Gusty winds show importance of fire safety as Halloween approaches

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Information provided by the Illinois Fire Marshal

SPRINGFIELD, Ill. (October 20, 2020) – The Office of the Illinois State Fire Marshal (OSFM) reminds residents to keep fire safety in mind when putting up fall or Halloween decorations. According to the National Fire Protection Association (NFPA), from 2014-2018, an average of 770 home structure fires began with decorations per year across the nation. More than two of every five (44%) of these fires occurred because the decorations were too close to a heat source, such as a candle or hot equipment. More than one-third (36%) of these fires were started by candles.

In recent days, dry conditions and gusty winds have fueled countless fires destroying miles of farmland, valuable equipment, structures and in some cases severely injuring those involved. Fires can occur at any time of year and anywhere in the country, including remote rural areas, state or national parks, or even in your backyard. Wildfires can be sparked from natural sources, such as lightning, or accidentally by humans via cigarettes, campfires or grills, or by mechanical sparks coming into contact with flammable materials. It is with that in mind that state officials are urging Illinois residents to heed the warnings issued by National Weather Service meteorologists and local officials to reduce the risk of fall fires, especially as Halloween approaches.

The National Weather Service (NWS) will issue Red Flag Warnings when weather conditions, such as strong winds, low relative humidity and high temperatures, make for outdoor fire dangers. During these dangerous times, the NWS urges everyone to use extreme caution because a simple spark can create a major fire. Sparks or embers can blow into leaves or grass, igniting a fire that can quickly spread.

Halloween tips

When choosing a Halloween costume for your children stay away from long trailing fabric. If your child is wearing a mask, make sure the eye holes are large enough so he or she can see out. Provide children with flashlights to carry for lighting or glow sticks as part of their costume. Tell children to stay away from open flames including jack-o-lanterns with candles in them. Be sure they know how to stop, drop and roll if their clothing catches fire.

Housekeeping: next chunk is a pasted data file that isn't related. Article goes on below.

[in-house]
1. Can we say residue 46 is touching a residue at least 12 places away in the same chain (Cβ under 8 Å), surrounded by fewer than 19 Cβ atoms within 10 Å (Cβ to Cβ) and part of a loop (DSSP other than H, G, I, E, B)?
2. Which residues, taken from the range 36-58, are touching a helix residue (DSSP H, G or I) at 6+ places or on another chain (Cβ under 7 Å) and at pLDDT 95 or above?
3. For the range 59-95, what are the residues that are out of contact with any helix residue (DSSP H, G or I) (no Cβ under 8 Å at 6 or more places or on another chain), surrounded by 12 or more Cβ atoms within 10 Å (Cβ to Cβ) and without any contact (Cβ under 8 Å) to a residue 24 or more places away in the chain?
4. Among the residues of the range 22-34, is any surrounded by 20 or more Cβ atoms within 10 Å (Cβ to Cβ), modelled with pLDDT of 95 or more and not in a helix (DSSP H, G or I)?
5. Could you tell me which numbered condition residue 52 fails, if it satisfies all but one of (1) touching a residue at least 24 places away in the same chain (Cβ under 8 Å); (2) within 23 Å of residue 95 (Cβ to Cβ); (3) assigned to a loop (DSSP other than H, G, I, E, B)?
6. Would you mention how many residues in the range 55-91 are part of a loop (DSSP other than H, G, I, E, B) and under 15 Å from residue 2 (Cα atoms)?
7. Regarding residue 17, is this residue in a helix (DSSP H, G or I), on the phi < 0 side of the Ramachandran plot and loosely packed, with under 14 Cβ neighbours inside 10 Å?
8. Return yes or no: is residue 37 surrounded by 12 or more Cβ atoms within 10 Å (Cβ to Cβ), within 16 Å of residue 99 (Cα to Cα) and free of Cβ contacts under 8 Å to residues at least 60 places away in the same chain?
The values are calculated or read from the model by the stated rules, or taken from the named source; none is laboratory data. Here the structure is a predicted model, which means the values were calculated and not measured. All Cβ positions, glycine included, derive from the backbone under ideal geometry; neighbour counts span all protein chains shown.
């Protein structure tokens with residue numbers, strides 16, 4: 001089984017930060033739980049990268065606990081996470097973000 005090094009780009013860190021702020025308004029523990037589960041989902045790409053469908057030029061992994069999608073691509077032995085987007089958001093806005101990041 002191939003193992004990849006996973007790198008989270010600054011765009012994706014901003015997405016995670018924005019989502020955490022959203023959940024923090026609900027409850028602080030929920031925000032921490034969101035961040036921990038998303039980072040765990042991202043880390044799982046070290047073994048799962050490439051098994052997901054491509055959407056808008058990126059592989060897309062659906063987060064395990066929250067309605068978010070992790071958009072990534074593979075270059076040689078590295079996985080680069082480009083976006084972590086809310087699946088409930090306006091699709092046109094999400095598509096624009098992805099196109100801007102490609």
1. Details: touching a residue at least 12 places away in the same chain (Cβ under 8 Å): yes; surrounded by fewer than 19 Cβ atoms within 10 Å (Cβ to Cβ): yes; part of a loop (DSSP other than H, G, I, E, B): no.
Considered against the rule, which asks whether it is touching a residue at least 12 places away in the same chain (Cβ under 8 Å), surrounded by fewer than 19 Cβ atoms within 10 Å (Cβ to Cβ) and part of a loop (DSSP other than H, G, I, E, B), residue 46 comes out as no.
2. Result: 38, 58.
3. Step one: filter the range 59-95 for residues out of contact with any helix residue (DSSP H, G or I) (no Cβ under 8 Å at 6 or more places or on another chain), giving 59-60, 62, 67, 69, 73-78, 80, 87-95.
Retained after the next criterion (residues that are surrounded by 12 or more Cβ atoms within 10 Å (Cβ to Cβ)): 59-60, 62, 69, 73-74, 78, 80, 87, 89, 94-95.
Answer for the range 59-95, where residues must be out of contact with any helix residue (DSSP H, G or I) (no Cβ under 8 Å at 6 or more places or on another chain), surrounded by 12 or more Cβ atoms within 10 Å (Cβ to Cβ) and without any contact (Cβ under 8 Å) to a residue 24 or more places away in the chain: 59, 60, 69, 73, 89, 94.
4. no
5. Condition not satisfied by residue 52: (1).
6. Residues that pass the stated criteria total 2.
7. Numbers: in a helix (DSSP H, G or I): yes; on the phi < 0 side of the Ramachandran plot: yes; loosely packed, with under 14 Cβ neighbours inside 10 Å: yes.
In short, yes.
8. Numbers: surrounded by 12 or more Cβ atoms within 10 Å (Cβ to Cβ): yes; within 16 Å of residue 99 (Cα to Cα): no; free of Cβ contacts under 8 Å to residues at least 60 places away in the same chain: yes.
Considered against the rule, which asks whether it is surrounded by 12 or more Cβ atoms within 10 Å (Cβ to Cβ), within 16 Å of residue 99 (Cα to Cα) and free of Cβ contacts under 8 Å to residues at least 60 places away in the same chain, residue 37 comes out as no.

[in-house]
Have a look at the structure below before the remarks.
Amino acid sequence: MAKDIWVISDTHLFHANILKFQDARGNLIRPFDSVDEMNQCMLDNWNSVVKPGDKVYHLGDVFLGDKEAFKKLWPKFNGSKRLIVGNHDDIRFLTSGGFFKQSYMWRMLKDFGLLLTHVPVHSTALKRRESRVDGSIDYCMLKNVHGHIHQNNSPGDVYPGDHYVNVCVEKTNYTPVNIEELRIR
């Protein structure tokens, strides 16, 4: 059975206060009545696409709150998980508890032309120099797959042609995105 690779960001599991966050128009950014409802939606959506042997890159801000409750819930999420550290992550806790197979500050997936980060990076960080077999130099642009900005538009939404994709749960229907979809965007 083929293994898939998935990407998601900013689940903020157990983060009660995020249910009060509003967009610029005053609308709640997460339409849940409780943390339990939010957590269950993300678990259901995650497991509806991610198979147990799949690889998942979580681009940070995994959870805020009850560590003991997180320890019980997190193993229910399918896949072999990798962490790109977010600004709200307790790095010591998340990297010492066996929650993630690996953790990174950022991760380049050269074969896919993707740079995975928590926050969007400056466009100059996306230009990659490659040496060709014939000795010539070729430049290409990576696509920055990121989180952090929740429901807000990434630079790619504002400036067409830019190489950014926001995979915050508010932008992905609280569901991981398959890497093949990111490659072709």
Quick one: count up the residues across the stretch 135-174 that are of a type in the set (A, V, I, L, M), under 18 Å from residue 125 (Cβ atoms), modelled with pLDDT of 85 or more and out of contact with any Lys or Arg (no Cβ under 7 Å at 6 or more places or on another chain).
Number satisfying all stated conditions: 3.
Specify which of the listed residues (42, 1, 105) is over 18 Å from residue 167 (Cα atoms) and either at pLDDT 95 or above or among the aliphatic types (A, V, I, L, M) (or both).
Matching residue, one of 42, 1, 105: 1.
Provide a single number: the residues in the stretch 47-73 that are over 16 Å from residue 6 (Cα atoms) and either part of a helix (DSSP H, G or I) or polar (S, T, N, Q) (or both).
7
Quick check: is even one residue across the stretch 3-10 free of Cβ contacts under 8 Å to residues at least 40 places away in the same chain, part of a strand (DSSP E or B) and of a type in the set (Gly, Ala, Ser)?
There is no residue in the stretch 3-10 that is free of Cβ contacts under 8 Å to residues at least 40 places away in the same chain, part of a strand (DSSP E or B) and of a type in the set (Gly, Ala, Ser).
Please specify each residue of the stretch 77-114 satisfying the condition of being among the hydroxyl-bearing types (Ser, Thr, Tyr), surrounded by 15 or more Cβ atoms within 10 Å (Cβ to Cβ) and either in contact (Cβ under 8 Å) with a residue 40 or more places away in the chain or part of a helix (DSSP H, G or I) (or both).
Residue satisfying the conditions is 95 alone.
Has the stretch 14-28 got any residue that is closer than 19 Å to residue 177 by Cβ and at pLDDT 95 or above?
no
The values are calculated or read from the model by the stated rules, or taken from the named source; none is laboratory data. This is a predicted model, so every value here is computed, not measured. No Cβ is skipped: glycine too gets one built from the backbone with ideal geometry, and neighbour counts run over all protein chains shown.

Keep these fire safety tips in mind to have safe and spooky Halloween:

  • Use a battery-operated candle or glow stick in jack-o-lanterns
  • When choosing costumes, stay away from long trailing fabric
  • Teach children to stay away from open flames, including jack-o-lanterns with candles in them.
  • Dried flowers, cornstalks, and crepe paper catch fire easily. Keep all decorations away from open flames and other heat sources like light bulbs and heaters
  • Provide children with flashlights to carry for lighting or glow sticks as part of their costume.
  • Remember to keep exits clear of decorations so nothing blocks escape routes. Make sure all smoke alarms are working.

Field fires and wildfires

“This past week’s dry and windy conditions resulted in field fires across our state, adding stress to the harvest season,” said Jerry Costello II, IDOA Acting Director. “Our thoughts are with those farmers and their families that experienced crop loss. We encourage fire safety and fire prevention to be a part of every farmer’s farm safety plan.”

Nearly nine out of 10 wildfires, nationally, are caused by humans and could have been prevented. Before any fire happens, make sure your home or business is resistant to catching fire. This can be accomplished by clearing away debris and other flammable materials and using fire-resistant materials for landscaping and construction.

Things to know about wildfires:

  • Know what to do before, during and after a wildfire;
  • Learn your evacuation routes;
  • Have emergency supplies in place at home, work and in the car;
  • Listen to local officials for instructions and plan to evacuate if advised;
  • Keep track of fires near your community or where you plan to vacation with https://fsapps.nwcg.gov/afm/index.php
  • If you evacuated an area due to a wildfire, wait for public officials to say it is safe before returning.

Camping Fire and Burn Safety

Cooler temperatures make for great hiking and camping weather in Illinois. Before you plan your next adventure, officials with the Illinois Department of Natural Resources (IDNR) encourage you to make fall fire prevention plan.

“Moving into fall, we’ve seen low humidity, dry ground and gusty winds, exponentially increasing the chances of wildland and forest fires,” said IDNR Director Colleen Callahan. “Even though we’re moving into the tail end of camping season, with conditions like these it’s incredibly important for campers to keep a close eye on warnings from the National Weather Service and always monitor campfires and stoves. A small spark can get out of hand in a matter of seconds.”

By following these safety tips, campers can help prevent fires at IDNR sites and even private campgrounds:

  • At campgrounds at state parks and other IDNR-managed sites, fires are allowed in stoves, grills or other designated areas only. Large bonfires are not permitted without permission of the site superintendent.
  • Have a supply of water or fire extinguisher and shovel readily available before building your fire.
  • Never use a flammable liquid (especially gasoline) to start a fire or on hot coals.  Explosions can result.
  • When near campfires and grills, wear snug-fitting, tightly woven, or short-sleeved garments.
  • Pitch tents at least 15 feet upwind from grills and fire pits.
  • Never leave a fire unattended.
  • Before you leave your campsite, make sure coals are thoroughly extinguished before disposal.
  • If your fire gets out of control, note your location and call 9-1-1 for assistance.

Learn more safety tips at www.ready.gov/wildfires.